Singapore – more an economy than a nation or a state?


Two weeks ago, the politician who leads my ministry said something that has knocked itself around in my head since.

Because a considerable period has passed since then (two weeks are a considerable period for me :p), I can’t claim to be quoting this chap word for word – I do really need to stop being so lazy and start blogging more frequently – but I think I can communicate the gist fairly accurately.  What he said was, essentially, that Singapore needs to find ways (e.g. train workers so they’re more productive, ensure the workforce is flexible enough to weather upturns and downturns and stagnant non-turns) to be valuable to the rest of the world.

Now, I was in a rather belligerent mood at the time, and even though we’ve been brought up listening to the rhetoric that we can never rest on our laurels, we need to move forward, so that the world and its economy won’t bypass us as it could so easily do, my spiky (non-verbalised) response to the politician’s comment was: “Really?  If we think that way, it’s no wonder we are confused about our values and apathetic about the political process.  Because we are always worried about how valuable we are to others, we therefore neglect to build our own values.  The integrated resorts being a case in point.  The F1 race another.*  We are focused on being valuable to others, not bringing value to our citizens.”

Over the last couple of weeks, these issues have percolated in my head, and now it seems my thoughts have settled into some patterns that are fairly sensible.  Call them clear-eyed conclusions, or no-impact mental waffling, whatever – but I just thought I’d share some of that distillate.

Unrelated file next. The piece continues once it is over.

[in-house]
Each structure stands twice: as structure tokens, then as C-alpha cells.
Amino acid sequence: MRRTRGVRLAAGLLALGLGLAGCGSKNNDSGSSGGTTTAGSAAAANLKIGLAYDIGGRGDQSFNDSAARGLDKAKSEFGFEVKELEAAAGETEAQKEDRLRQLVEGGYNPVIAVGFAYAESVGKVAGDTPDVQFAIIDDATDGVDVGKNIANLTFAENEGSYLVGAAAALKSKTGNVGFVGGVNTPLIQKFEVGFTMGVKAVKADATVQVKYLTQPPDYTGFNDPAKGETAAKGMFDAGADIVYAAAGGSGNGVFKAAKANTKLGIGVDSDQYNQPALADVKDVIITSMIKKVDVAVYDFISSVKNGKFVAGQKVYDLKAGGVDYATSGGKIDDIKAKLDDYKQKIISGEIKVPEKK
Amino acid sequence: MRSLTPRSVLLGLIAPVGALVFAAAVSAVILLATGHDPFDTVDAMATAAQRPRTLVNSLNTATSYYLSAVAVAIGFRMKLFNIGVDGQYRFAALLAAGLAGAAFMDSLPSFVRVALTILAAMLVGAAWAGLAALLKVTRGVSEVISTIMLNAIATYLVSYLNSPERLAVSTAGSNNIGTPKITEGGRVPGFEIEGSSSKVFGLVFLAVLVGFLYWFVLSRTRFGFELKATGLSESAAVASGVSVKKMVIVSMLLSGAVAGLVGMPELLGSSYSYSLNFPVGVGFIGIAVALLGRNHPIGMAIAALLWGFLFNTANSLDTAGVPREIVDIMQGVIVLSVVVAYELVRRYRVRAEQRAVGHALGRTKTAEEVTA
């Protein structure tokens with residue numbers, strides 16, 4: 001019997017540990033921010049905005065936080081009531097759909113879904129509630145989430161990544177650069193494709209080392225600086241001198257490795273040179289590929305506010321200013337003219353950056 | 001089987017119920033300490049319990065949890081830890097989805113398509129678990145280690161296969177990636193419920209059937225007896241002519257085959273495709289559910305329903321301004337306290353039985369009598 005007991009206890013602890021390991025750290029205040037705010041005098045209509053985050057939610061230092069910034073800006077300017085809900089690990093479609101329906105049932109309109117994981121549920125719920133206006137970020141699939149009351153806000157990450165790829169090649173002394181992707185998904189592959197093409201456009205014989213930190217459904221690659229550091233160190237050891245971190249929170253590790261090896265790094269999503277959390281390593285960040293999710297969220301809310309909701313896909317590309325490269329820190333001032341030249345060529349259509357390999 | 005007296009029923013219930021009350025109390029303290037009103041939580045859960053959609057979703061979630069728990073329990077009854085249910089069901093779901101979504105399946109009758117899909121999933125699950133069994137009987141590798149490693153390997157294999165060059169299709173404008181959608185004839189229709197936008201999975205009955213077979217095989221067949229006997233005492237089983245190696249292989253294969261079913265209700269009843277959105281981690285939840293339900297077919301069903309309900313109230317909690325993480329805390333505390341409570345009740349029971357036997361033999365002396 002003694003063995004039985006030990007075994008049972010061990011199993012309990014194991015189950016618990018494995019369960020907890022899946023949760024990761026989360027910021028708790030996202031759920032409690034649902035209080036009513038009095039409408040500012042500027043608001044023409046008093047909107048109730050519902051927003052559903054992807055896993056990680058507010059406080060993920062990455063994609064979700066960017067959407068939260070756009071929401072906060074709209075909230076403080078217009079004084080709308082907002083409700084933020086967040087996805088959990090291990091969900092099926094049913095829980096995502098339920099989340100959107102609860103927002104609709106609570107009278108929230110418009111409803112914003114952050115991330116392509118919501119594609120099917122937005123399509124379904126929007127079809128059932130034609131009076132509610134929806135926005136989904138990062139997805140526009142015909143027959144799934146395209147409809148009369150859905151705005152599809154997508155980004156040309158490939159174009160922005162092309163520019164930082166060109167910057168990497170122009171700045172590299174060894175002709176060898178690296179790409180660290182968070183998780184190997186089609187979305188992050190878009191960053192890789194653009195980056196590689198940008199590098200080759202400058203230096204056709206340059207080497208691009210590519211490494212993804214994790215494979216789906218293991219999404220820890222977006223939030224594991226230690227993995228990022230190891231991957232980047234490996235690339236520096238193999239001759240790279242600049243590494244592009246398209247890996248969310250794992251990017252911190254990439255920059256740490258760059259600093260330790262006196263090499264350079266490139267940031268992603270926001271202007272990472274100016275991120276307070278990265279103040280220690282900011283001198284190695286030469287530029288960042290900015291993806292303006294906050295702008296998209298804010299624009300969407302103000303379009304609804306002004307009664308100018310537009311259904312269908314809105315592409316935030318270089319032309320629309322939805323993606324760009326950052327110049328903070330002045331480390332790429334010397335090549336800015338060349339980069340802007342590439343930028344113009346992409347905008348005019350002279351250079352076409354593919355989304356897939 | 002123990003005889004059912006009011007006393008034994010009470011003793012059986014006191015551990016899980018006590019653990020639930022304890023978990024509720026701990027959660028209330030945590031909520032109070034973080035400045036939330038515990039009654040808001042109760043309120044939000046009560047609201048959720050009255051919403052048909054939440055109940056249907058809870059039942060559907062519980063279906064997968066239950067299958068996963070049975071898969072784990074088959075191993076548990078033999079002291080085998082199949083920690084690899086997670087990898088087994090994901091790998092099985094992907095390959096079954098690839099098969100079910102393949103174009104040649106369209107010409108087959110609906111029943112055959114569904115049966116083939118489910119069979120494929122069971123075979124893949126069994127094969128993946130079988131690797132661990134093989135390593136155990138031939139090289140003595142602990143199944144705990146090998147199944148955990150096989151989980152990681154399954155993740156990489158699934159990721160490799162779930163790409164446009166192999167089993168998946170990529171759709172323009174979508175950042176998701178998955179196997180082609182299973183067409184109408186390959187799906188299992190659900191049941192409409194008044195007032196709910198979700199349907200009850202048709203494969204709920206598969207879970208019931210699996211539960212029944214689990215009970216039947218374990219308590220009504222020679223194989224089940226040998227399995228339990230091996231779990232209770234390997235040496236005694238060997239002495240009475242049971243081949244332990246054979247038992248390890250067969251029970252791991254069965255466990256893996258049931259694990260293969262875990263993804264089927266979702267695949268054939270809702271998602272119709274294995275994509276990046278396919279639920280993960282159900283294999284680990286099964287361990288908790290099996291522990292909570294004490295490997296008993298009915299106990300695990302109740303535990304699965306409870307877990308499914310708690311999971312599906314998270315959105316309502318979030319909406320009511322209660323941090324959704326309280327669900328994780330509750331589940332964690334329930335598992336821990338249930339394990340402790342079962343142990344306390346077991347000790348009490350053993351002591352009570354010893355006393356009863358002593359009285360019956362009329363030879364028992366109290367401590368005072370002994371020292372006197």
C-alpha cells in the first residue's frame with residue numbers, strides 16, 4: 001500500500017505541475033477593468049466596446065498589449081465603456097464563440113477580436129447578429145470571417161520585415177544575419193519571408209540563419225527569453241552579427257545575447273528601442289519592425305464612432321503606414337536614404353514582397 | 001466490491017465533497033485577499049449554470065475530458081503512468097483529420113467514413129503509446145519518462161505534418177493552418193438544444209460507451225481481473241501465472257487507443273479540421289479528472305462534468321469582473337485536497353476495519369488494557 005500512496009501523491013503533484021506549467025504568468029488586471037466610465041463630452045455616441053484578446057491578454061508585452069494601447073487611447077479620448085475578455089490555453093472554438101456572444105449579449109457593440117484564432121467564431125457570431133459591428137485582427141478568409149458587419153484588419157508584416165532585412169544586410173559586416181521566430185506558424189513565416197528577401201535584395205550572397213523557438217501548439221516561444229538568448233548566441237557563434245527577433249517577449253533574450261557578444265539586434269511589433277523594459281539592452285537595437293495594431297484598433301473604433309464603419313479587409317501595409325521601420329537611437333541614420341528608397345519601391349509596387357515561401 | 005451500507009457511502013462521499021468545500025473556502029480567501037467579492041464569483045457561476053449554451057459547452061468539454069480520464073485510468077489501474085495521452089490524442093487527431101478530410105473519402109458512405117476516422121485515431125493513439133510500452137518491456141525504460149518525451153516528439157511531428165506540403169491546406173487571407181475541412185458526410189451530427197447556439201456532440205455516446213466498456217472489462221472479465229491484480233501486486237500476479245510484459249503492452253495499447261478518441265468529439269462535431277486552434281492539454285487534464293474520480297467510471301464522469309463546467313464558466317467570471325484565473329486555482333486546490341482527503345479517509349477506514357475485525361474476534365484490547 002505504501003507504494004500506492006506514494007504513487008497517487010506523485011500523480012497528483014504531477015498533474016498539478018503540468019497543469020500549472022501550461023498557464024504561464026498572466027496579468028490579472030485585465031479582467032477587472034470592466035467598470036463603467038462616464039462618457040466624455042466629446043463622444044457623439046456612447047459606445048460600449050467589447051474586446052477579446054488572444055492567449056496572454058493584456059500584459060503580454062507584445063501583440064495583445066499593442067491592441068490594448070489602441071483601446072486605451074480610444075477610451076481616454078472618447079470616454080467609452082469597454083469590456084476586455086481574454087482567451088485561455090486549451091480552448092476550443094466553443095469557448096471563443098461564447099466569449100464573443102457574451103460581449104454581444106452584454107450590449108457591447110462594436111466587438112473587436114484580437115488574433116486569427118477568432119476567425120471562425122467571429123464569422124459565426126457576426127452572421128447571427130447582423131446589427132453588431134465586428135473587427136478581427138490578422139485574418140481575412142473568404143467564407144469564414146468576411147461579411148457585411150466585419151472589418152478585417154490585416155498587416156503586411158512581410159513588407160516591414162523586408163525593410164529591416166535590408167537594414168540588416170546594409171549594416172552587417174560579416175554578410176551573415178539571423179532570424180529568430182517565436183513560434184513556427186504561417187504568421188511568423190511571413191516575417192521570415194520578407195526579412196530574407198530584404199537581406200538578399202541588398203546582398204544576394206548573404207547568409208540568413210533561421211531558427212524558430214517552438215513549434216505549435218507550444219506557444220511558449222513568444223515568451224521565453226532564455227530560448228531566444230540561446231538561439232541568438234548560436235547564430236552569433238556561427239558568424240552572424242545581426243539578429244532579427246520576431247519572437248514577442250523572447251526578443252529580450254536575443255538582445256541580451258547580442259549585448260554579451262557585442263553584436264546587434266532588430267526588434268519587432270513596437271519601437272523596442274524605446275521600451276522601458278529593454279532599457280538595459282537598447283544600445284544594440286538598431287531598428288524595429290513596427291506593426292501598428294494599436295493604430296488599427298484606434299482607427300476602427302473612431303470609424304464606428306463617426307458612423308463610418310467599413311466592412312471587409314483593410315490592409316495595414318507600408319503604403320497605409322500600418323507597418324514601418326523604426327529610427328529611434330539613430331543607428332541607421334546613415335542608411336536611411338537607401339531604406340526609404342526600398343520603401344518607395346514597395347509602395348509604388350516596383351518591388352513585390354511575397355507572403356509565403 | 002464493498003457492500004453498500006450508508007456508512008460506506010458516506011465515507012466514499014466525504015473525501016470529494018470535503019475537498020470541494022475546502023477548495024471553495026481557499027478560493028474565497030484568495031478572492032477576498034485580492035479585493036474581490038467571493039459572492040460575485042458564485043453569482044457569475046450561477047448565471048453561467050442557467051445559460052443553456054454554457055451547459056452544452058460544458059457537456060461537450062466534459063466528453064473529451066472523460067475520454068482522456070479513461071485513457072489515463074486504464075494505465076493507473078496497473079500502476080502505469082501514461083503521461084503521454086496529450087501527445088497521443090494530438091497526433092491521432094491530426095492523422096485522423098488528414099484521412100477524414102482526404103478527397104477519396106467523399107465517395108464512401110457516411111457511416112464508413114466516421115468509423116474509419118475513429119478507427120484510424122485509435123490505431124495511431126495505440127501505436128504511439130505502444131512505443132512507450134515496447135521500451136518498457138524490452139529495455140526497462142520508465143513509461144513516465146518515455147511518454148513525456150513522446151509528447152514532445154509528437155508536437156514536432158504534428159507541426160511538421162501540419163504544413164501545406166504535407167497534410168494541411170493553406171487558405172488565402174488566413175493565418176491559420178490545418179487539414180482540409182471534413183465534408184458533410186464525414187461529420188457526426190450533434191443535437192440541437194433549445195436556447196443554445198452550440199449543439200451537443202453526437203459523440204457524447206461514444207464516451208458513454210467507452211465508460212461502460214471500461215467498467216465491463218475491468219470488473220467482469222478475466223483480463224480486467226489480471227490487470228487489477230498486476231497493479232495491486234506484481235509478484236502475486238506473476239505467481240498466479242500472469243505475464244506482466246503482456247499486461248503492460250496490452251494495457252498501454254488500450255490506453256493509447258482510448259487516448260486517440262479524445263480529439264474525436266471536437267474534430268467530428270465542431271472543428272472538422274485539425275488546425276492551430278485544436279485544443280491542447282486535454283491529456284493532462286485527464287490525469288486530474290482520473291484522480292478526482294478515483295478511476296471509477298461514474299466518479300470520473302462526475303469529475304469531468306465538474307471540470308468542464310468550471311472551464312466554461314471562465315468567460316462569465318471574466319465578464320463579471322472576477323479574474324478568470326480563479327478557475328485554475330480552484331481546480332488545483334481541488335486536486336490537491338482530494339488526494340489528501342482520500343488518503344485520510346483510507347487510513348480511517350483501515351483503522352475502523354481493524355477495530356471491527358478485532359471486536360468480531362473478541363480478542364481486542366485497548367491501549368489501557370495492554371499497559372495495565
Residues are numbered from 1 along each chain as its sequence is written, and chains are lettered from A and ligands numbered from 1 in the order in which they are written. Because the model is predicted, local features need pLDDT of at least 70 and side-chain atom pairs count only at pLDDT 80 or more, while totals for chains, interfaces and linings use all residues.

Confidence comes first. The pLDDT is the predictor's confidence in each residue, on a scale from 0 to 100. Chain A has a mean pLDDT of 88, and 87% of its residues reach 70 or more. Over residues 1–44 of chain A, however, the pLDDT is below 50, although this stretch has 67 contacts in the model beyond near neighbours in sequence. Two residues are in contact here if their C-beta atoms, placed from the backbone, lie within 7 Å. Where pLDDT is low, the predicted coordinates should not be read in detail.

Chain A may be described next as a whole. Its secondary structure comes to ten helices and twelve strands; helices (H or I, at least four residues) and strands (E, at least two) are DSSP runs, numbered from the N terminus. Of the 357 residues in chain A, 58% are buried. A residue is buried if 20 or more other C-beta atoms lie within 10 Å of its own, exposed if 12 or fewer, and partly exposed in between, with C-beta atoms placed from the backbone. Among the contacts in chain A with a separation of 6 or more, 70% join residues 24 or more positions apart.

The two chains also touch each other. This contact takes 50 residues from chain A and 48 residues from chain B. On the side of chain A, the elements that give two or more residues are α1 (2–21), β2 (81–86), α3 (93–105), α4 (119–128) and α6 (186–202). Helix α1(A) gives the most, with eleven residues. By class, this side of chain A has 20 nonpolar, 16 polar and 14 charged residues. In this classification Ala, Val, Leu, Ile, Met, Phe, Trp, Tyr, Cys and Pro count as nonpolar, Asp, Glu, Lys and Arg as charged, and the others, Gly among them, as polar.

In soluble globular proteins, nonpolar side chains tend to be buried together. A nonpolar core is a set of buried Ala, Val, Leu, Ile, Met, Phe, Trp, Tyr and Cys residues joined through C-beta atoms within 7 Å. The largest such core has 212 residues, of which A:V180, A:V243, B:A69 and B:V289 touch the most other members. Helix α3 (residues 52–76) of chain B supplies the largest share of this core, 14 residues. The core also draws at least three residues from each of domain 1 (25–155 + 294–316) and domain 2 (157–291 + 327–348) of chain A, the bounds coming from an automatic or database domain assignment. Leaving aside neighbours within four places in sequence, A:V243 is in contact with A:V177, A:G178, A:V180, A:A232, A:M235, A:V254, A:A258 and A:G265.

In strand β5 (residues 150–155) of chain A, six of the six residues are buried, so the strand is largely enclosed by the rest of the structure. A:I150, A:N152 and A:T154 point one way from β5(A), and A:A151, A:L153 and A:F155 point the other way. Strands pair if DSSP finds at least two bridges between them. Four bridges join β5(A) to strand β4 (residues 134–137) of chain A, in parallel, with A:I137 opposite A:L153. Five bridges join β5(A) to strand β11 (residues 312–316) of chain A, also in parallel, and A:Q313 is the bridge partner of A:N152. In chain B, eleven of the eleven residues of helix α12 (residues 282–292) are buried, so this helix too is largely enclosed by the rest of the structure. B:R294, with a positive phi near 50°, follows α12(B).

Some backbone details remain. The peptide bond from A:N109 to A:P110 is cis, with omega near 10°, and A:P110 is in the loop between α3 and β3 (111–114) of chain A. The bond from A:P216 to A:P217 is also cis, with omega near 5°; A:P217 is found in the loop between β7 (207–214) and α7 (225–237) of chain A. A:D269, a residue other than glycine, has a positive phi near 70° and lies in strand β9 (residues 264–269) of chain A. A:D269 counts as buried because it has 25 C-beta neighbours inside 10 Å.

“… it’s no wonder we are… apathetic about the political process.”  Rather than being a function of an economy driven by its value to others, I’ve come to think that political apathy is probably a result of having a policy-making class that sees itself as intelligent and responsible enough to take care of Singapore.  Indeed, one could argue that such an elite group of visionaries and planners would be silly to consult its citizens on important matters, as the consultation would likely entail lengthy education, cantankerous debate on issues it’s already thought through and quite possibly the same decision at the end of the consultation process.  The populace’s response to not having its opinions sought for a fairly long time was, quite naturally, apathy toward the political process.  Things have changed – more of us are more educated now, a direct result of our government’s work – and it’s clear that, far from being apathetic, new generations of citizens are eager to get involved in refining policies, or at the least in making their voices heard.  And I think policy-makers know that there is wisdom not only in its council of elders, but also in crowds, and that, moreover, having the crowds on their side can only help the implementation of their policies.

“Because we are always worried about how valuable we are to others, we therefore neglect to build our own values.”  I’ve come to think that the issue of values is a more complicated one.  Why are values important?  I’d say it’s because values allow a group of otherwise different folks to coalesce and share causes, whether you see values as abstract but real forces that build among and then meld members of a group that share experiences and memories, or as fraudulent but ultimately effective constructs of rhetoric and National Day bish-bosh.  If so, the next question is, would caring more about what makes us valuable to the world economy than what we can do for our citizens have an impact on our values as a nation?  Okay, that was confusing; let’s try it this way: Would governing us as an economy first, and a state second have an impact on our development as a nation?